Aside from two pilot events, staged on the opening day of the St Leger meeting at Doncaster in September and a jumps fixture at Warwick later that month, only a limited number of essential personnel have been allowed on track since the sport’s resumption on June 1 following the Covid-19 lockdown.
With Ludlow placed in Tier 2 under the Government’s restrictions, allowing outdoor sporting venues to host 2,000 spectators or 50 per cent capacity – whichever is lowest – a crowd of around 600 was able to enjoy the seven-race card.
There was no roof-raising roar as Falberto claimed the opening Shropshire Mind Novices’ Claiming Hurdle, but the sight and sounds of hoofprints hitting the turf was music to the ears of racegoer Rhiannon Linington-Payne – who was attending her first meeting since New Year’s Day.
She said: “I felt very safe, which is obviously the most important thing. As just a general fan of the sport, it is just nice to be back.
“I don’t come to the races to get drunk or lose my money; I come because I appreciate the sport, and I’m sure I speak for a lot of people here who are glad to be back watching the horses again.
“I didn’t back the favourite in the first, so didn’t get that first winner, but it is just nice to be back on track – you can’t beat the atmosphere of being on a racecourse really.
“We normally go to the Cheltenham Festival. But we didn’t this year because we didn’t feel safe, but it is nice to be enjoying what we love safely.”
Tickets for the fixture were always going to be in high demand, and the 29-year-old was quick off the mark to secure hers.
She added: “I rang my dad up on the day they made the announcement to say ‘book us in, we are going, and I’ll take the day off work’.
“It’s really nice to be back on track, and I’m sure it gives people a much-needed lift with the year everyone has had. It has been a long old slog, but hopefully it will give everyone a bit of a boost before Christmas.”
Despite encountering a few teething problems getting in, and being restricted to limited amenities once inside, track regular Don Ward also enjoyed the experience of being back in the stands.
He said: “It’s very good to be back. It was a bit slow to get in, but apart from that it has been magnificent to be back. I’m 79 and I’ve been coming here all my life.
“I’ve missed the people – and being part of the crowd with everybody here is so friendly, because you get the same people at every meeting.”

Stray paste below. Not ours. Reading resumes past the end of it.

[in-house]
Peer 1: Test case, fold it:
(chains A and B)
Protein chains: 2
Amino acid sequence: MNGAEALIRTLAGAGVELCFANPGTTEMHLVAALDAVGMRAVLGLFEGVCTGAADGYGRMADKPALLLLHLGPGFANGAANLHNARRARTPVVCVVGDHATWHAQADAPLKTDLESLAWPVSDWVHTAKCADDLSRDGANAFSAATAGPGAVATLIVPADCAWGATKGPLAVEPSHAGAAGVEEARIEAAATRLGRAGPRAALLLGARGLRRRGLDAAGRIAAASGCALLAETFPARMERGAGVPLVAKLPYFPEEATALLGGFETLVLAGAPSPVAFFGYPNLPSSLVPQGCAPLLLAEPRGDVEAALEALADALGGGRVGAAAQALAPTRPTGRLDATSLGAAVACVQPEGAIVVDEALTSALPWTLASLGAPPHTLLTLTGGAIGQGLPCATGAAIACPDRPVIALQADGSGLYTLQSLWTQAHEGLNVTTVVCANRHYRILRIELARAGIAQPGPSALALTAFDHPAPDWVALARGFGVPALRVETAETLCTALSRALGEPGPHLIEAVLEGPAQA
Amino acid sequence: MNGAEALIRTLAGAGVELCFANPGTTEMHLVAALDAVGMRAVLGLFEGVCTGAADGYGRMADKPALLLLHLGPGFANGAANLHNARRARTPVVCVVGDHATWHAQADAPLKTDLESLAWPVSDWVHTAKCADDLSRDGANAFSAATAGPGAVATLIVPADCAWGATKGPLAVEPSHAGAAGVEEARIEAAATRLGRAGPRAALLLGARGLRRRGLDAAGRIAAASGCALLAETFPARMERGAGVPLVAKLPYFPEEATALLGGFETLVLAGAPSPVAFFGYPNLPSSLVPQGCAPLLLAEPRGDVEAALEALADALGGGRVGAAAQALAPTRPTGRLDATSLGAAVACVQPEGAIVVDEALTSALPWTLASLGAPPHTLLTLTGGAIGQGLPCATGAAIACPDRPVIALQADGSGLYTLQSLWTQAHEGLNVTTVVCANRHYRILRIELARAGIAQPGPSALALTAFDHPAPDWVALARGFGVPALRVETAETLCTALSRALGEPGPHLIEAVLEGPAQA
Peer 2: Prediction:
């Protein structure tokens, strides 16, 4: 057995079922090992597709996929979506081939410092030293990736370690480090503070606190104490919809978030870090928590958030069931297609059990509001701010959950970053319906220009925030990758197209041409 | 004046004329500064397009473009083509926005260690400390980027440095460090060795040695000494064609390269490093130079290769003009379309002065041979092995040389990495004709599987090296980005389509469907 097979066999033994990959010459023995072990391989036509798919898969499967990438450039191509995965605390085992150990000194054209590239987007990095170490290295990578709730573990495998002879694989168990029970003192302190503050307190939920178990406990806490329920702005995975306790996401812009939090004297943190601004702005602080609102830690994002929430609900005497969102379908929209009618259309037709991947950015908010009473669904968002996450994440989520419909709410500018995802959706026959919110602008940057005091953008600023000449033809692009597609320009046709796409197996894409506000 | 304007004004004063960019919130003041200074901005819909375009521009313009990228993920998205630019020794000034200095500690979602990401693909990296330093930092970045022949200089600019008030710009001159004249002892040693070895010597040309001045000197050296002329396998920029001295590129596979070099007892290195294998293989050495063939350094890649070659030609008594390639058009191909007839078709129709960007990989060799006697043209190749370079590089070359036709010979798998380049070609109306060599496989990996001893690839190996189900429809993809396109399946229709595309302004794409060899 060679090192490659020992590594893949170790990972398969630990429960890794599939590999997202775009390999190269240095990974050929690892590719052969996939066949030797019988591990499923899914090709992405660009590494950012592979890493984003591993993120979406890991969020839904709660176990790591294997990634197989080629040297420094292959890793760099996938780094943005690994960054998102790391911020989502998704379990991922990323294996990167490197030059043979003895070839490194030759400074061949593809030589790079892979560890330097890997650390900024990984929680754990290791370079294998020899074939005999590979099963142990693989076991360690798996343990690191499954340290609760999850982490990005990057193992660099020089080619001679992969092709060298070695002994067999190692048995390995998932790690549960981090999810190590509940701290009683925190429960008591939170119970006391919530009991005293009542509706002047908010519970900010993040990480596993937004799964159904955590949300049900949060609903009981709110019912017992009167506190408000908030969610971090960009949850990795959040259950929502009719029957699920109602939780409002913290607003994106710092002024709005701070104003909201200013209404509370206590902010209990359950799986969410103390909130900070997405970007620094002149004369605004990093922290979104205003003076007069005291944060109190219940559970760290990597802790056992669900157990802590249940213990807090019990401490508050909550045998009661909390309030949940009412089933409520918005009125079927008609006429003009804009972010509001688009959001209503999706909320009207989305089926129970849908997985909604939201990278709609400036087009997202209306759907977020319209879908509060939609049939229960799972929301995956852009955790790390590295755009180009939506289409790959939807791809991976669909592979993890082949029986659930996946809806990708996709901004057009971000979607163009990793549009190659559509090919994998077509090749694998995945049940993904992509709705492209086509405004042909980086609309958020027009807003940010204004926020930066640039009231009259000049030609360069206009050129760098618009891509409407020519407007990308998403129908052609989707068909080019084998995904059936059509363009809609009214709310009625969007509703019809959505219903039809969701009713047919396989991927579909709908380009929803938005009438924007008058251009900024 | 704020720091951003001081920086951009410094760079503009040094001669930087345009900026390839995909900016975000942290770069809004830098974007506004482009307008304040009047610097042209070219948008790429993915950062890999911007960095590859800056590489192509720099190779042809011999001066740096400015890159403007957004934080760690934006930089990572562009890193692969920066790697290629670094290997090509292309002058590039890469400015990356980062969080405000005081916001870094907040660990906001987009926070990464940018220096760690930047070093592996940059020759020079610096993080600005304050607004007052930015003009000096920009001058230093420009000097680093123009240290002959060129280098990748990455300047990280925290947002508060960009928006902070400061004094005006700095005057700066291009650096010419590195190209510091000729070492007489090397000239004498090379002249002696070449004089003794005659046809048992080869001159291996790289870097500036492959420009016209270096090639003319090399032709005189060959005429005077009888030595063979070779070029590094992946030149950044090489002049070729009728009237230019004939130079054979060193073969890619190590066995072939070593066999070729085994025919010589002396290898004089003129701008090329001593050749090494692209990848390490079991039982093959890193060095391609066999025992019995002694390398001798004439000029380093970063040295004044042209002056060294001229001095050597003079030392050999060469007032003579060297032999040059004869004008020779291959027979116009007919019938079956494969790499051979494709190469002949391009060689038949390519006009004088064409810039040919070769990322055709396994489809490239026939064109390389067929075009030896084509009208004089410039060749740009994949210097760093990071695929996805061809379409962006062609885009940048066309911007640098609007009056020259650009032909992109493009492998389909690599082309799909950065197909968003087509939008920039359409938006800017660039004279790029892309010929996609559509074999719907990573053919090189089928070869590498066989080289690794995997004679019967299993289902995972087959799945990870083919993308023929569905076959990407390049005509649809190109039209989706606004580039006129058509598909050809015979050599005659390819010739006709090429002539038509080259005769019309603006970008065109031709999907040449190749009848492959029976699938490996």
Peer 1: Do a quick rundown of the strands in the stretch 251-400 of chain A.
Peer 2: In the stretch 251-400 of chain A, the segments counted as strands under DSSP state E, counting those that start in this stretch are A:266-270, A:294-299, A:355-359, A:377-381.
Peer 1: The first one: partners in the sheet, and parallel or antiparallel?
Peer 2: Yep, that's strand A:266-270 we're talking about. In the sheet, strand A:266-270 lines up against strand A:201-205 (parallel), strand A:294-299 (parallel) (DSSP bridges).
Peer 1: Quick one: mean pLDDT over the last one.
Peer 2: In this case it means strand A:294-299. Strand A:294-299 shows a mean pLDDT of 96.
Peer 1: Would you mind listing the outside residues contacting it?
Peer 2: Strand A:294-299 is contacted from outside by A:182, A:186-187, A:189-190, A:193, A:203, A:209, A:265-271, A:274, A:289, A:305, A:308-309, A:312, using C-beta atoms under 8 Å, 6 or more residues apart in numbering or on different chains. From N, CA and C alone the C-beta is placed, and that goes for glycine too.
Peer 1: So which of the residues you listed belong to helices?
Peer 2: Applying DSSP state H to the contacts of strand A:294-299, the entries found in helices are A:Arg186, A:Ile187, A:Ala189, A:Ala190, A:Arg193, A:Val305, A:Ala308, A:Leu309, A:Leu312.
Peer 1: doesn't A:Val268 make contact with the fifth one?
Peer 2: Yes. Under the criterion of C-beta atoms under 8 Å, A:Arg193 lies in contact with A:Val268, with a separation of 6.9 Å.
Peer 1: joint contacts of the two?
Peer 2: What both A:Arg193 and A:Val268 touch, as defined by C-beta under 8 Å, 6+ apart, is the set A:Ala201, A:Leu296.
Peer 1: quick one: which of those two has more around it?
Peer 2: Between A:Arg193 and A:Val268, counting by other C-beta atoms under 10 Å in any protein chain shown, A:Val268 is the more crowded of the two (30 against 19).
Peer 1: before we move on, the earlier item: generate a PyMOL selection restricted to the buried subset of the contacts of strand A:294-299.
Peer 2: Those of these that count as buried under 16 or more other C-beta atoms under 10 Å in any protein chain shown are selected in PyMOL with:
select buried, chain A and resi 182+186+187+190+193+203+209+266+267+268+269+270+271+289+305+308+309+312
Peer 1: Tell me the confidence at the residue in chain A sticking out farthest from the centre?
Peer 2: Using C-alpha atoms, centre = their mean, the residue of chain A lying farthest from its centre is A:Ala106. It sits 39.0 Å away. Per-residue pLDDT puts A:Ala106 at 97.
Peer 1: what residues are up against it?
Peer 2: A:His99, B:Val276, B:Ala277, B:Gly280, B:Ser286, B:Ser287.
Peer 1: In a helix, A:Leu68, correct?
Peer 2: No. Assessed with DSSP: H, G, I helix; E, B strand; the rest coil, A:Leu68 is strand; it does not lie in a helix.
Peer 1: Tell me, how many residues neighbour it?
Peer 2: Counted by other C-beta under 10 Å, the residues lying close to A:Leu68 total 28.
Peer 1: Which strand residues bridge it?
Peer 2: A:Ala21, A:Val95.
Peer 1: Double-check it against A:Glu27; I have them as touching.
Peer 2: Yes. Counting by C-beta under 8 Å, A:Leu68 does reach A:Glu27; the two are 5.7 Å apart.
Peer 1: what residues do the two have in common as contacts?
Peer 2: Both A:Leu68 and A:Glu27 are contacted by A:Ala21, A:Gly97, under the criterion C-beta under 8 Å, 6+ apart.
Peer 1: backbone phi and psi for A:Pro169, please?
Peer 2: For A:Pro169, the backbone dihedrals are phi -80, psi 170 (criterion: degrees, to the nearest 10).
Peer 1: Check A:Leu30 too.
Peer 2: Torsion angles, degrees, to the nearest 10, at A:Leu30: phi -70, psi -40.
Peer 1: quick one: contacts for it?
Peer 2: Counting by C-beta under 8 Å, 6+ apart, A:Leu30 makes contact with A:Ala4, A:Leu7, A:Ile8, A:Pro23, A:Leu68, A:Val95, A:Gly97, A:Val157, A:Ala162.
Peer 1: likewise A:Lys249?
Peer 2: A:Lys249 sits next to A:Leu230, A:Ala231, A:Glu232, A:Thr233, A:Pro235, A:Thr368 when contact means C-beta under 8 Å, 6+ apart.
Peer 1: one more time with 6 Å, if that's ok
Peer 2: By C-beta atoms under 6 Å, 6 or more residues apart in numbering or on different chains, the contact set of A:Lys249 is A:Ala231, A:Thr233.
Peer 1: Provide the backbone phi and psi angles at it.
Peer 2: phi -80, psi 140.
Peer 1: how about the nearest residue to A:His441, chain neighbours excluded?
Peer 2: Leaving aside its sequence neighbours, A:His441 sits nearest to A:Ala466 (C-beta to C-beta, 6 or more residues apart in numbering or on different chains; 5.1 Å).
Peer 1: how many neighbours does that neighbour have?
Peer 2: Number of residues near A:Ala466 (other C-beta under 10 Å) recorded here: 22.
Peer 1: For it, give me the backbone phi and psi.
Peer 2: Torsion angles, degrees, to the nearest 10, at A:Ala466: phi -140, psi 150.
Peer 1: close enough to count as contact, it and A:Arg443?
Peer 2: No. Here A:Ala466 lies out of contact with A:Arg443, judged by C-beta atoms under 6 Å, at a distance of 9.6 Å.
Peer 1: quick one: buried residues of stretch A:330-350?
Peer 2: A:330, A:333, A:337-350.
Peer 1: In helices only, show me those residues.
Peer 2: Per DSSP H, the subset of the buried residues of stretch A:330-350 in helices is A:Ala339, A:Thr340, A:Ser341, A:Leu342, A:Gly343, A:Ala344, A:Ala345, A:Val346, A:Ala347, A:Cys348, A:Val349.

Members of the Owners Group 034 ensured their share of atmospheric noise as the Paul Nicholls-trained Miranda landed the feature Shropshire Mind Mares’ Handicap Hurdle for them.
Syndicate spokesman Ryan Bliss said: “We have been lucky enough to have two or four owners on track for a while, but to be able to have good few owners here means so much to us.
“The more people we can get going racing, the better. We have been exceptionally lucky during lockdown that we have been able to have some owners go racing, but for more people to be able to see their horses is tremendous – and the atmosphere is so much better.”
Leading rider Harry Skelton has partnered plenty of winners at the Shropshire track – and although out of luck on his sole ride, he was delighted to see a crowd back in the stands.
He said: “It’s brilliant to have the crowds back – they are great supporters of the game, and it is very important to have them on course.
“We were told in the autumn it was more likely to be six months before crowds returned – and when we were told that, none of us expected to see them back so early, so this is a step in the right direction.
“When you go out there to ride, you are in your own little bubble really. On a day-to-day basis you might not notice it as much. But on the smaller tracks, where some of the areas aren’t as big – like here – you definitely feel the atmosphere.”
Gold Cup and Grand National-winning trainer Kim Bailey has attended every meeting at the course since the resumption of racing, and he echoed the thoughts of Skelton.
He said: “It’s very important we have these spectators back, and the more it keeps going forward, the better, because it has been soulless without them.
“It is a very positive move, but I think the whole thing has been completely bizarre.
“I’ve been here every single meeting and I’ve not seen any people on those stands, so it makes a big difference.
“The other thing is confidence – people will get confidence to go racing and travel the countryside to start going again. It is just good news all round.”
As one of the first four tracks alongside Haydock, Lingfield and Kempton to welcome back crowds, there was no margin for error for clerk of the course Simon Sherwood – who hailed the event a success, despite the challenging circumstances.